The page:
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Victory: What kind of Victory do you want?

via TJC

I am the true vine, and my Father is the gardener. He cuts off every branch in me that bears no fruit, while every branch that does bear fruit he prunes so that it will be even more fruitful. You are already clean because of the word I have spoken to you. Remain in me, as I also remain in you. No branch can bear fruit by itself; it must remain in the vine. Neither can you bear fruit unless you remain in me. “I am the vine; you are the branches. If you remain in me and I in you, you will bear much fruit; apart from me you can do nothing…

You did not choose me, but I chose you and appointed you so that you might go and bear fruit—fruit that will last—and so that whatever you ask in my name the Father will give you.” John 15:1-5,16.

 

Today, we’re looking at Victory, as evidenced by producing good fruit that lasts.

 

In John 15, Jesus tells us that he is the vine, and in order to have victory (fruit that lasts) in our lives, we must continue to be connected to Him.

 

When I hear about fruit, I think of apples because I had a wild apple tree behind my house. In the Spring, the tree was beautiful, with many blossoms on many branches. However, no one attended to the wild tree, and in the Fall, it produced many very small apples, not ready for human eating.

 

One evening at dinner a friend, who is also an arborist, noted several things needed to get useful fruit: The dead branches would need to be cleared out of the way. A master arborist would also prune some live branches so that the remaining branches have access to sunlight and grow stronger because more sap would be flowing through them. The spring blossoms may look nice but many would need to be pinched off or you would continue to get too many small apples. In the caring hands of a master arborist, the wild tree could grow tall and produce good fruit that lasts.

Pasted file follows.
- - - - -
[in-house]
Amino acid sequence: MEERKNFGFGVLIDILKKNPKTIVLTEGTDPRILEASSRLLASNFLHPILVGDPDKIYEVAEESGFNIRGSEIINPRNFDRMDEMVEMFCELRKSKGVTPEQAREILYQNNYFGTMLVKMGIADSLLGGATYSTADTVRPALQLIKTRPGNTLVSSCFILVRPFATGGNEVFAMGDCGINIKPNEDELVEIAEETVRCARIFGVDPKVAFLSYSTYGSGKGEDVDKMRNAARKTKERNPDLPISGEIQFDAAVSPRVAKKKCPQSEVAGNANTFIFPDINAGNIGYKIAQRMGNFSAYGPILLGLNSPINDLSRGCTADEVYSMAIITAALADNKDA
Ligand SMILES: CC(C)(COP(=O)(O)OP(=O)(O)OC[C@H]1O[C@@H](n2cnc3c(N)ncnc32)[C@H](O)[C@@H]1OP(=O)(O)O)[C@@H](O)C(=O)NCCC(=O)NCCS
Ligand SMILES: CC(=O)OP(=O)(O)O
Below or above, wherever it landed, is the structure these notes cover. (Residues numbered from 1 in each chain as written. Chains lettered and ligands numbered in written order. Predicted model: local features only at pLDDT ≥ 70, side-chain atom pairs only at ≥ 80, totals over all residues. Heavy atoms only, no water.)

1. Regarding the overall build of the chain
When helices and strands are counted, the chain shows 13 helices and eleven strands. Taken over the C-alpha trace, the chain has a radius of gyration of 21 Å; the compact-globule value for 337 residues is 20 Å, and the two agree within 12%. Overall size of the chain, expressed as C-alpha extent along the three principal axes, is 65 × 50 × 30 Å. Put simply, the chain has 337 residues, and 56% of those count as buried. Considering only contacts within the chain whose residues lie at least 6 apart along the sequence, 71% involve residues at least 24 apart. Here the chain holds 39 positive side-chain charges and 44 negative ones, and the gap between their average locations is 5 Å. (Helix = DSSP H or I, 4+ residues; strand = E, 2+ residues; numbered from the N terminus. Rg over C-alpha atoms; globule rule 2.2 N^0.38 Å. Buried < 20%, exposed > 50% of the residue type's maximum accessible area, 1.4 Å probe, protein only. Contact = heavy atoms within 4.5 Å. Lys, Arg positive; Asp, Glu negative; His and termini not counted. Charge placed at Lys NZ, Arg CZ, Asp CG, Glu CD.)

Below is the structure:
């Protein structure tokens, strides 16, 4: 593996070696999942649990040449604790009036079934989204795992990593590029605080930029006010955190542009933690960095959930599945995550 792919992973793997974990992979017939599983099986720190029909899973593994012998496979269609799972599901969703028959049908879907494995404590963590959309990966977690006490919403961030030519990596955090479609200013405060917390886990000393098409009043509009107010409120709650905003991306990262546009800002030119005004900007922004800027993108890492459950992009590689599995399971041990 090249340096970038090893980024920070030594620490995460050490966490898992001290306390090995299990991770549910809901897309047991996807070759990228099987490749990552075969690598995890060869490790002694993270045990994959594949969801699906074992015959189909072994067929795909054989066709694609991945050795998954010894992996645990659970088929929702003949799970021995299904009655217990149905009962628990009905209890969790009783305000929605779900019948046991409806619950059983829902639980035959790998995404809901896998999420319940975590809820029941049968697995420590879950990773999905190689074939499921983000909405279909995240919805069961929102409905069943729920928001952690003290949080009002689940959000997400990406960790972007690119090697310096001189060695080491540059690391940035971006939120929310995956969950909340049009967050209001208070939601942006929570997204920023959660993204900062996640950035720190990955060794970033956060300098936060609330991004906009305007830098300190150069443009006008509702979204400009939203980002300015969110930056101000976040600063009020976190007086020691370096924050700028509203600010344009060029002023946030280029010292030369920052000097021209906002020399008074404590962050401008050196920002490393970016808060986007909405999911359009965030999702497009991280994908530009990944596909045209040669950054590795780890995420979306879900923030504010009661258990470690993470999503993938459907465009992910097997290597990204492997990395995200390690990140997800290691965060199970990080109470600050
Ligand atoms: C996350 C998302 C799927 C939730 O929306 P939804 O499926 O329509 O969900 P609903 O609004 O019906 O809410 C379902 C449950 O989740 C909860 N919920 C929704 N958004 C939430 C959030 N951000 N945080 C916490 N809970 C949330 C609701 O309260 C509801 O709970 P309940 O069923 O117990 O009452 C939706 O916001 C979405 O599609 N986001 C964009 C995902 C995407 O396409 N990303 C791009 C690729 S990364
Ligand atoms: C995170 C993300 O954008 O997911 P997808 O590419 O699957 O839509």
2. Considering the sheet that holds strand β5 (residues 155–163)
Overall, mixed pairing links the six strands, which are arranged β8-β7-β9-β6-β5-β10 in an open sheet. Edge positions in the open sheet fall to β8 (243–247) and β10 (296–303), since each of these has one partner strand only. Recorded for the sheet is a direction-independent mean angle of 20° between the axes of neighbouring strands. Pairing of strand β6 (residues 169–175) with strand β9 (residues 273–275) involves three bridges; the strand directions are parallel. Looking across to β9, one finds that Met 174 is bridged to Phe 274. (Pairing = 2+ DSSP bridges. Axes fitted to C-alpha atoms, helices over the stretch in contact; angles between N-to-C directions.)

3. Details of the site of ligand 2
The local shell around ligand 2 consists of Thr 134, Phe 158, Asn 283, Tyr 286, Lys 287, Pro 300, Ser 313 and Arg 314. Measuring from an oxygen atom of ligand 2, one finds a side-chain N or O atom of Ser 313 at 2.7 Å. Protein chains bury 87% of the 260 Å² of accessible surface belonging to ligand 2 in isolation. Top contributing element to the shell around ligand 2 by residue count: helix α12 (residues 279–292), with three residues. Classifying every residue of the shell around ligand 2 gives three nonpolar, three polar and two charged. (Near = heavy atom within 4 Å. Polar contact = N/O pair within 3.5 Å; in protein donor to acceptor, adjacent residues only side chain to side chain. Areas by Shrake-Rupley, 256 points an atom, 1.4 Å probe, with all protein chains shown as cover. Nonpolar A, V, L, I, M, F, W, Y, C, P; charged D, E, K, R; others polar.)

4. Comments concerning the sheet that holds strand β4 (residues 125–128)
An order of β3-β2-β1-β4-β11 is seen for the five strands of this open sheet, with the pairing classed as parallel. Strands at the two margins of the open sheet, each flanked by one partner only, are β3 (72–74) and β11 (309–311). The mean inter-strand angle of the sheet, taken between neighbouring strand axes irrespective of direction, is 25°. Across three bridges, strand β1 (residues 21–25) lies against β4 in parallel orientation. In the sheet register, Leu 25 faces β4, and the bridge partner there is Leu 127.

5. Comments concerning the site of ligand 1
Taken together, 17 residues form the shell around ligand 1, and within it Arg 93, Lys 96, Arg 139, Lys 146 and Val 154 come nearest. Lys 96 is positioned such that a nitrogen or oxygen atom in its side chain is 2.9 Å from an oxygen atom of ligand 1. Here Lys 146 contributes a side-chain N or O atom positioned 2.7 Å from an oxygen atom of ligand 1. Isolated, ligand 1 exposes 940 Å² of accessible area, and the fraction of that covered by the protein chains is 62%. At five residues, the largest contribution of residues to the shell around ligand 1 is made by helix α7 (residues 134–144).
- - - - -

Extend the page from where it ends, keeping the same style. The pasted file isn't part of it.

Looking again at John 15, the Father is the perfect Vine-dresser (or Arborist). 

  Before salvation, there is no good fruit as sin inhibits the sap from nourishing. 

  He disciplines us to replace bad habits with good (some fruit).

  He prunes us to remove good things to make room for the best things (more fruit).

  By continuing to remain in Him, our fruit blesses others intentionally (much fruit).

 

Considering this metaphor, I can more easily embrace disciplining as I invite Jesus’s help to replace bad habits with good ones. The pruning part is harder because it hurts more as there is some life in those branches. Ultimately, I fall on my face and say, “Yes, Lord. Have your way. You make the Victory. Apart from You, I can do nothing that lasts.”

 

Daily Battle Order: It’s about the Fruit (stupid). What kind of Victory do you want?

Are you willing to settle for simply sliding in at the end, barely saved, but in? Or are you willing to settle for listing all the bad habits you don’t do (discipline, some fruit), or living a life whose example is worth repeating by others (pruning, more fruit). The definition of Victory the Lord is calling is to, is to grow fruit on other people’s trees, which is possible when abiding in Him.

 

 Consider today: What kind of Victory do you want?

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